for now, versioning in file names is how most electronic visual design is done. for my GF process, my source file usually stays the same (unless i heavily branch off and want to save off an iteration). i’m able to use layers that i can turn on and off or multiple artboards to deal with variations. my “snapshot” versions tend to be the PDFs that i export to upload to test.

Ain’t that the truth :smile:

“_Final” is now just a preface to a version # :slight_smile:

at work, our file naming structure accounts for it.



then FP for final print or FE for final electronic.

so if you end up with:


and there’s an update, you just save:



I would do draft versions (v1, v2, v3…) then a “v4_Final” until I started doing Final, Really Final, Definitely the last time Final…so now I just rely on the version number. The highest one is the last one I did.

Sometimes I split off an interim version and then that gets a new descriptive name so I know why it’s different (like one is vector based and the other raster).

We all have the same problem and have to find a solution that works for us. I just found that I had way more “Final” versions than I should if they were really final :smile:

Corel does some nice auto-versioning and then has a Revert function as well if you want to go back up through versions. Inkscapers don’t have that though :wink:

I finally gave up on that and use the most recent version created. (Time-wise, I tend to quit when I finally get it right.) :smile:

But I’ve been through the “Absolutely positively final most version dammit”-V4. It doesn’t count without the “dammit” on it. :wink:


I always preface file names with dates such as “2018-01-17…” so that I can sort alphabetically to get the latest.

search “Load and Save Settings” in beyond the manual. :wink:

The CAD industry has come up with a solution to this called PDM (Product Data Management). Basically it is a system, usually managed by an application and dedicated file server separate from the CAD software, that automatically maintains versioning every time a user saves a file, such as AutoDESK VAULT. (Yes, you can conceivably have files with tens or hundreds of versions this way) They handle multiple users by having a checkout process, where a user checks out a file for updating and nobody has access to that file until it is checked back in. To simplify things, only the most recent version of any file is immediately/easily accessible via the PDM application, however all previous versions of the file are still available through another method that takes just a few more steps, as part of the version control.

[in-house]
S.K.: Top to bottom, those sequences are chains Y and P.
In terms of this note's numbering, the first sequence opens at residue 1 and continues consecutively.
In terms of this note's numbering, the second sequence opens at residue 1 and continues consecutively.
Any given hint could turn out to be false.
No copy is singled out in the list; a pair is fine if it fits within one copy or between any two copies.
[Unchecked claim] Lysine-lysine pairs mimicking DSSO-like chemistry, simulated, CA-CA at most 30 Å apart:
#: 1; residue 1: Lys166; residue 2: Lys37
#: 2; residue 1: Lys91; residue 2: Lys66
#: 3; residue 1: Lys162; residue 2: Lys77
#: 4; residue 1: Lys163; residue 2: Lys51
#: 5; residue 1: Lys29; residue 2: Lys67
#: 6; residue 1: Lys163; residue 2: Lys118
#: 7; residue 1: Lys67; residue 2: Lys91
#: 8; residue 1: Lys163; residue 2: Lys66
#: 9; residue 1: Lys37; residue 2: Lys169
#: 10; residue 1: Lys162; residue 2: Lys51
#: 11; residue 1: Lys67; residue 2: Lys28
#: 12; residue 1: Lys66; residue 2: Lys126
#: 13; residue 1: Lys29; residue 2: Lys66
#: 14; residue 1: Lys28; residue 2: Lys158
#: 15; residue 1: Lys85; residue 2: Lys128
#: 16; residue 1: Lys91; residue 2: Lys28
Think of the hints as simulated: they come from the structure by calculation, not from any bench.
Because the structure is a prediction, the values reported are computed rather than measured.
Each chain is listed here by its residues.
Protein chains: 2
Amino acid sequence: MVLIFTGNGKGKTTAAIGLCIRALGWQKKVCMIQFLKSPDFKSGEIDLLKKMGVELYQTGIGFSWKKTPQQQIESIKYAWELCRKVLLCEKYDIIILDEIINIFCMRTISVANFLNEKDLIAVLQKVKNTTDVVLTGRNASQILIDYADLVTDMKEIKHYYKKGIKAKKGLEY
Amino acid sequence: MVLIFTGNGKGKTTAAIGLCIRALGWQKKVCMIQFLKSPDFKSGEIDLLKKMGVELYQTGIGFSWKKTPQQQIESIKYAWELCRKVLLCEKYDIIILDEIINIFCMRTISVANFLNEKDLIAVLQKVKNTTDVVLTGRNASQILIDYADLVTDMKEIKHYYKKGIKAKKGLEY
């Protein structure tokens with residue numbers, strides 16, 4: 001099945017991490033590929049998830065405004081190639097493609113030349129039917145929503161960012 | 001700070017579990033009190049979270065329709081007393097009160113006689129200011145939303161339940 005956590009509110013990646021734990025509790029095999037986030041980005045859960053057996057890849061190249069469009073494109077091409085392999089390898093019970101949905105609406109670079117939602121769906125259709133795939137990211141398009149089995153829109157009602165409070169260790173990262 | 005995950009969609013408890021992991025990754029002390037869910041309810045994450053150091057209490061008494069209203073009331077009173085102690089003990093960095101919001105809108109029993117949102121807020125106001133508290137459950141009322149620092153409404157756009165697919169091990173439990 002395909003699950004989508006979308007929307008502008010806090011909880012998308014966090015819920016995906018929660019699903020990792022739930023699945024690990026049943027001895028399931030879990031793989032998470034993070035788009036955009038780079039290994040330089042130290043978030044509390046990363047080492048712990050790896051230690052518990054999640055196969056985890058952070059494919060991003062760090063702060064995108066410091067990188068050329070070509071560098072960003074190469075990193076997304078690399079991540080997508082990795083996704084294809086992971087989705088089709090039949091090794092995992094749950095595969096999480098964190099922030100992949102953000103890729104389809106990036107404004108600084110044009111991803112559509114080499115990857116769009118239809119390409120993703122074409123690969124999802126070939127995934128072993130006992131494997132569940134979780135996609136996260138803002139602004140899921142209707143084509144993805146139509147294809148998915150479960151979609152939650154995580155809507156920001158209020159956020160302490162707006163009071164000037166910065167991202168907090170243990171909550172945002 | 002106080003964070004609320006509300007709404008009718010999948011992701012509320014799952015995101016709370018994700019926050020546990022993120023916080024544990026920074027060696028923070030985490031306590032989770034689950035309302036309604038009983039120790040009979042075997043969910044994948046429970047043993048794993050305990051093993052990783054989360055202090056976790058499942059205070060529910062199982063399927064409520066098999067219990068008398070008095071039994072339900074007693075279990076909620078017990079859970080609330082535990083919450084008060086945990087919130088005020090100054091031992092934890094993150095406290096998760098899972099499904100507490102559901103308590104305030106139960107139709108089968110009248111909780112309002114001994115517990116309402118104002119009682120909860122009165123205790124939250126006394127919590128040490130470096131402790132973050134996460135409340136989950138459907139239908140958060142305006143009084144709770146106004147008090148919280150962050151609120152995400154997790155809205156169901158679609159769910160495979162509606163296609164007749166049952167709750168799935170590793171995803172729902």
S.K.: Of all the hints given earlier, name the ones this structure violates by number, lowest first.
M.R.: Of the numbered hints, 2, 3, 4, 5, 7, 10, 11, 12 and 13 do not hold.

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The Glowforge app is really optimized to be the final stage in a process that mostly takes place in your design software - Illustrator, Inkscape, Fusion 360, etc. Personally, I do all my versioning there, and spend just a few minutes in the Glowforge UI adjusting the layout to the material.

We’ve heard loud and clear that people would like more flexibility in our app, though, so there’s a lot of work in the hopper.


Being able to save a version back as a (somewhat maimed, and free of proprietary info) to the hard drive would save a lot of space in your own servers?